In Moroccan Gnawa ritual, songs are more than sound. They animate as spirits, who rise up and possess the body of a listener, piloting them into trance. Western musicians have long mapped patterns of migration to Morocco in search of ways to elevate their own practice. In the ’60s and ’70s, Led Zeppelin’s Robert Plant and Jimmy Page and jazz pianist Randy Weston, among others, initiated collaborations with the Gnawa.
And in late March of this year, 14 kilometers outside the southern city of Marrakech, James Holden, Floating Points, Vessel, and Biosphere coupled with legendary Gnawa masters Mahmoud Guinia and Mohamed Kouyou for a weeklong residency, set to culminate in two performances beamed live via Boiler Room’s inaugural broadcast from North Africa. No predecessor has ever come trailing so many wires.
The roots of Gnawa trace back to the 16th century, with West Africans brought to Morocco throughout the trans-Saharan slave trade. Among diasporic, ancestral communities, Gnawa took shape as an amalgam of African animism and mystical strands of Islam. In the lila, or ritual night, the music of the Gnawa opens a channel to the spirit realm, healing those afflicted by spirit possession and giving rise to experiences of hal, ecstasy. Guinia and Kouyou are acclaimed throughout Morocco for their tagnawit, authentic mastery of Gnawa’s musical repertoire and the complex cosmology surrounding it. Guinia himself was born into a family of renowned ma’âllems (masters) with Malian lineage.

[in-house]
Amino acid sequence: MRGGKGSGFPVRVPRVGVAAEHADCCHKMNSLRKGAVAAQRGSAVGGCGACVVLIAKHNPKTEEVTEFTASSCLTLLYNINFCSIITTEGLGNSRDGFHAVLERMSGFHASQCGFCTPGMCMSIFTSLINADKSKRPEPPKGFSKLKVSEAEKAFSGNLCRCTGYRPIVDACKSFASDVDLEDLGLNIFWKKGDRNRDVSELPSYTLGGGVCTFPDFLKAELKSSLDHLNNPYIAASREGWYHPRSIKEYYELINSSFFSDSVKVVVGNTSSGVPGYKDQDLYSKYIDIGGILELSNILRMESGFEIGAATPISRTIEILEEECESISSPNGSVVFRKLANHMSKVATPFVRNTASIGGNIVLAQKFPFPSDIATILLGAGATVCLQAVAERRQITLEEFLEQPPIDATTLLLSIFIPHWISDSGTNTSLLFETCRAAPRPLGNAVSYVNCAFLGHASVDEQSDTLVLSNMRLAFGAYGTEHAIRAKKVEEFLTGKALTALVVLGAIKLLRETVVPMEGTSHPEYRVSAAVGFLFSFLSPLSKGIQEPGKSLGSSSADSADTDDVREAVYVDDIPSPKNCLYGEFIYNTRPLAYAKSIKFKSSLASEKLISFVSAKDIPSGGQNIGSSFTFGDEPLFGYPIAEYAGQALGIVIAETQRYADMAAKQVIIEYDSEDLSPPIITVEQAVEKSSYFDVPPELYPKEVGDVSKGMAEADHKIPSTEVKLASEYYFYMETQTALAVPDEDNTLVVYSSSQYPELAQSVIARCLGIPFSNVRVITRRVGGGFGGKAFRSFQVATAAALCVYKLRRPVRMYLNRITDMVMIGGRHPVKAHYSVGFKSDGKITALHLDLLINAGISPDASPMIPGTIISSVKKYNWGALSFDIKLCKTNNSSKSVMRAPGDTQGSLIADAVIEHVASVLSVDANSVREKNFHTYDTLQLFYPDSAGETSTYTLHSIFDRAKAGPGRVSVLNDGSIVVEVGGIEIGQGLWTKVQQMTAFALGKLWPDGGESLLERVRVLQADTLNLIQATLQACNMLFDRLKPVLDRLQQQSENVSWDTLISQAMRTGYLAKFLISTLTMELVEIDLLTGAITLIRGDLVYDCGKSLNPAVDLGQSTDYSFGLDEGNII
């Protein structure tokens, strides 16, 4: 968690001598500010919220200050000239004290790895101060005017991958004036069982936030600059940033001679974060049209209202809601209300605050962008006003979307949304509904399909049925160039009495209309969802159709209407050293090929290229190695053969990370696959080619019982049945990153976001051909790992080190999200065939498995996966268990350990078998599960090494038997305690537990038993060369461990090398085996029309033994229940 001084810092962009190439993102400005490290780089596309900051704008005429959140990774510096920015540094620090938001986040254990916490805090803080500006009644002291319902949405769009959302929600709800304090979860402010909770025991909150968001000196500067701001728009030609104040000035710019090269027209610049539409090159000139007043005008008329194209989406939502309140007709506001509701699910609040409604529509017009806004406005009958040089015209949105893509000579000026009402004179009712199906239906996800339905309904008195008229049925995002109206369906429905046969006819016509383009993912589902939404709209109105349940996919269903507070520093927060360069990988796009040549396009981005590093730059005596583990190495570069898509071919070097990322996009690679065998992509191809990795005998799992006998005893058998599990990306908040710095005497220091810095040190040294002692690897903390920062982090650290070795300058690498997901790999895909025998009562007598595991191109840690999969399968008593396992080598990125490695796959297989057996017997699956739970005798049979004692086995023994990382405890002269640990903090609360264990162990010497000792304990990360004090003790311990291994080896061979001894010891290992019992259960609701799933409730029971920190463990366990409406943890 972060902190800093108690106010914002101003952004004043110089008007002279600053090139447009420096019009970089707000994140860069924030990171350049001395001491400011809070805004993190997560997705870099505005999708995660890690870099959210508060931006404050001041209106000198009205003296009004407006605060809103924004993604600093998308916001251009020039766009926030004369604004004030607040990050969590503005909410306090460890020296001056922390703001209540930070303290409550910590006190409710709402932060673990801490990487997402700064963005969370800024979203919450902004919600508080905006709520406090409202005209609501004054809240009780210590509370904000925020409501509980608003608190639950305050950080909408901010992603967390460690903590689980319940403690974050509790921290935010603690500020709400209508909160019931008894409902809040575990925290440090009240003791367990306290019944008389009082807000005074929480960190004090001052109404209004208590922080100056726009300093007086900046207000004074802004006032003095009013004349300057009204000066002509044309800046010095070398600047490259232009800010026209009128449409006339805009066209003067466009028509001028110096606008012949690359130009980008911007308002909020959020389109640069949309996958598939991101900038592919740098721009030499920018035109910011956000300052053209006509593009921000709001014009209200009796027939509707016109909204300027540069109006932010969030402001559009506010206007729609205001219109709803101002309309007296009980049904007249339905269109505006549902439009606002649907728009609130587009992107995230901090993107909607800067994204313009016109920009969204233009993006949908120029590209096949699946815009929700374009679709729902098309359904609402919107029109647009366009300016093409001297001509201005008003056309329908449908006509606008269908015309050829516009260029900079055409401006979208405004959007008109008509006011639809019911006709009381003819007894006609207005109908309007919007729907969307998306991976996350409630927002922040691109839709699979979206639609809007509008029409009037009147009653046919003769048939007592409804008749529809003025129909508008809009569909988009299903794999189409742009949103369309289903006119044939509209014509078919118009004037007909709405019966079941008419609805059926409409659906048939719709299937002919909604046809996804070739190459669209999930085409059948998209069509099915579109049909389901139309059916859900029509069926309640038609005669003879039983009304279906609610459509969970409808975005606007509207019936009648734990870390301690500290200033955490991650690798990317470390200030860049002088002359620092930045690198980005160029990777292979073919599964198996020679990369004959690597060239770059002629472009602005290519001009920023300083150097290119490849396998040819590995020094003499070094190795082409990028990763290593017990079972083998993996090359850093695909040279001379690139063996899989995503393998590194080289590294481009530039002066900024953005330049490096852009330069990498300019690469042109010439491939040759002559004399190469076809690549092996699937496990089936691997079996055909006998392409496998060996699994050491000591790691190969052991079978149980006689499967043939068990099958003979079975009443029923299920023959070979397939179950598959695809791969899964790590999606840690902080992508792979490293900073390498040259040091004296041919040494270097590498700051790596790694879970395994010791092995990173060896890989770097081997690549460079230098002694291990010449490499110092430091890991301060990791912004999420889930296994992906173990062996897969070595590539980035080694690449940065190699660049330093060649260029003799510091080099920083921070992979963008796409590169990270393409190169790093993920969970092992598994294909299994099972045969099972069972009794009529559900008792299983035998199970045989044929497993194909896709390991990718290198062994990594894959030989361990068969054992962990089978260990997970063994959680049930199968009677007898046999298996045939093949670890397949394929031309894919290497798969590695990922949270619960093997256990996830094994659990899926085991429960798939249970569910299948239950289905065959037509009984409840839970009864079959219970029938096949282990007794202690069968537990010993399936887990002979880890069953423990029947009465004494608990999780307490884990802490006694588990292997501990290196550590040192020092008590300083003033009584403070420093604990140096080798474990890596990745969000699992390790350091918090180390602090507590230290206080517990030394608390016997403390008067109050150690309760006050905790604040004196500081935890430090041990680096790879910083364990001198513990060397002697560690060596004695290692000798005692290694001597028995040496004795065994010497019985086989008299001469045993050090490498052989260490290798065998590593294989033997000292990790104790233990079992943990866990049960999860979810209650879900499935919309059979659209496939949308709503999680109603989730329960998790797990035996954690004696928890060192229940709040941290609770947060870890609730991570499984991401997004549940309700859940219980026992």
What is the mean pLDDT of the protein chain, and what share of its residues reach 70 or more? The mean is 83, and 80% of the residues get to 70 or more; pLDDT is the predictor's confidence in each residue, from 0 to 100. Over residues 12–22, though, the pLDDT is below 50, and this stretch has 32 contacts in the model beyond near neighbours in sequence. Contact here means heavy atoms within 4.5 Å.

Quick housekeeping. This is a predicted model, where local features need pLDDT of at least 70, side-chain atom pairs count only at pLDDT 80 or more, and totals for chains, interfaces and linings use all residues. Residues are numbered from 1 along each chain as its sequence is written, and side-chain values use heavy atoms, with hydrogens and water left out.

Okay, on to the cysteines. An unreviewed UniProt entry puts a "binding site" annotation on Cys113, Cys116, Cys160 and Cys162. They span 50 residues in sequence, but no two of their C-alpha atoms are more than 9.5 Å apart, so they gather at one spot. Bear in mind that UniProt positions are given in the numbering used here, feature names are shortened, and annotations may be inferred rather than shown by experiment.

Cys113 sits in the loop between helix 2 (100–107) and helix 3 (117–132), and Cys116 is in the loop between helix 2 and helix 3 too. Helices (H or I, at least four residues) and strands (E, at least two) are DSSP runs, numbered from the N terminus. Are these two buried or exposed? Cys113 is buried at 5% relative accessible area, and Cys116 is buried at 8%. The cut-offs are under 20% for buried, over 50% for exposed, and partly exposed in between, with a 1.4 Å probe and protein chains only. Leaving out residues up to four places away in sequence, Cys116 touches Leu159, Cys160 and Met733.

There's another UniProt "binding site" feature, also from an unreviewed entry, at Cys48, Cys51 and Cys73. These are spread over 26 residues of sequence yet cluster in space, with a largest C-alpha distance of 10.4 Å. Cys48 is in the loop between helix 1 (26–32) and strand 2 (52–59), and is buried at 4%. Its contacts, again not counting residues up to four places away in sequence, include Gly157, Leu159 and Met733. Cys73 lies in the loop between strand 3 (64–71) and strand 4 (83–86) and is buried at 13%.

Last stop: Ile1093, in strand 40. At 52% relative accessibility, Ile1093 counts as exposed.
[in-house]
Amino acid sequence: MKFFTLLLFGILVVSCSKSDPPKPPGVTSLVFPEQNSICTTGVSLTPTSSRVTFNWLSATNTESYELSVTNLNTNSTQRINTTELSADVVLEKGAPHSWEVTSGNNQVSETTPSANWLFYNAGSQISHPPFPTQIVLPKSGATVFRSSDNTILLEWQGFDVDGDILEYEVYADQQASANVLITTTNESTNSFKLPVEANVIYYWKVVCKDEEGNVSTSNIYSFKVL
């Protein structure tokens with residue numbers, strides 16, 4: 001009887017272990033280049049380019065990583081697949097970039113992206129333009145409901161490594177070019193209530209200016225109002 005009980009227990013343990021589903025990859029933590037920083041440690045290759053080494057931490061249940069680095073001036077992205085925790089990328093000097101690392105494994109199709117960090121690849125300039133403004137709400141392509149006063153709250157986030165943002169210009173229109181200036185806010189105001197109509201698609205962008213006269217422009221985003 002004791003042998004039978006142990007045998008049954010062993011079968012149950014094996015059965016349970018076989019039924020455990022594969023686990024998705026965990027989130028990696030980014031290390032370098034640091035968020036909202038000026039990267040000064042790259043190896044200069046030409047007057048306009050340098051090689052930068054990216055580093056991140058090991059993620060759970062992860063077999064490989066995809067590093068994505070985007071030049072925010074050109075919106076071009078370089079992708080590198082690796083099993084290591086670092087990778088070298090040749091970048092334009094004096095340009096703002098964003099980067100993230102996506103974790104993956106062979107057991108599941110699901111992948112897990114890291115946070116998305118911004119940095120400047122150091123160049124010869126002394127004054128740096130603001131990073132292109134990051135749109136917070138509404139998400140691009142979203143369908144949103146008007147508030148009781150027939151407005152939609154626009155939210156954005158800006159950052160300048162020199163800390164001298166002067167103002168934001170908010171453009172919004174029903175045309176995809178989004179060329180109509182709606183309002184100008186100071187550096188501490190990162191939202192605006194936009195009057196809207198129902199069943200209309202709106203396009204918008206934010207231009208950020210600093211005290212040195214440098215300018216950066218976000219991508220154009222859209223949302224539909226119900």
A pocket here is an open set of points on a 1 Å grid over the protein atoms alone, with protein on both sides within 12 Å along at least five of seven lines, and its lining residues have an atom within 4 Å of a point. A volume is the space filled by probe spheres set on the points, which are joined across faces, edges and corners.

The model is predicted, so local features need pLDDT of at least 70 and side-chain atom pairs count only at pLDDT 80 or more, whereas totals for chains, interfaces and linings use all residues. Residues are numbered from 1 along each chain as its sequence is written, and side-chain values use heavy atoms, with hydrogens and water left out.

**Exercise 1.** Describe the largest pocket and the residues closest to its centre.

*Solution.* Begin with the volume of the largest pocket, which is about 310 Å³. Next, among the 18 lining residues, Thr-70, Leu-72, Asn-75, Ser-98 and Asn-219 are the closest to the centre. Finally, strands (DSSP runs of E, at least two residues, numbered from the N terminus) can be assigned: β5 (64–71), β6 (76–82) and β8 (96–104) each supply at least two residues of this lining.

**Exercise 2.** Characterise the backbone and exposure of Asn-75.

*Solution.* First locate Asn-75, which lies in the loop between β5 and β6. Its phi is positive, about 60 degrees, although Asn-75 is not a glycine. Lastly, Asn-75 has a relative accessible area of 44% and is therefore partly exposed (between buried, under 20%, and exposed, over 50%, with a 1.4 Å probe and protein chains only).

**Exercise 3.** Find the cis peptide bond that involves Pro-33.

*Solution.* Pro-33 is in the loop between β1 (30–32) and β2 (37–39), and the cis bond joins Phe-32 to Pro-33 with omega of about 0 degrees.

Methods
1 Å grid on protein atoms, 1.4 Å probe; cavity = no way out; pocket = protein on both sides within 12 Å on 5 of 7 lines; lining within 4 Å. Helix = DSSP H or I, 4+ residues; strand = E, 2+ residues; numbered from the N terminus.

The organizers invited the group for their respective approaches to sound, and because they would treat the material with respect.
None of the artists came into the residency, hosted by Dar Al Ma’mûn, with more than base familiarity with Gnawa. Holden had a few Guinia mp3s, and Floating Points had been schooled on the subject by NTS Radio captain Charlie Bones during a 15-hour drive across England. Organizers Will Martin, Camille Blake, and Abdeslam Alaoui invited the group for their respective approaches to sound (Holden’s interest in trance made him an obvious choice, Vessel’s industrial inclinations a “dark horse”), and because they would treat the material with respect. The last thing they wanted was to bring in a group of producers who would spend an hour sampling the Gnawa artists, only to turn out a collection of tech house tracks that would make any number of cringe-inducing “world fusion” initiatives seem reverential by comparison.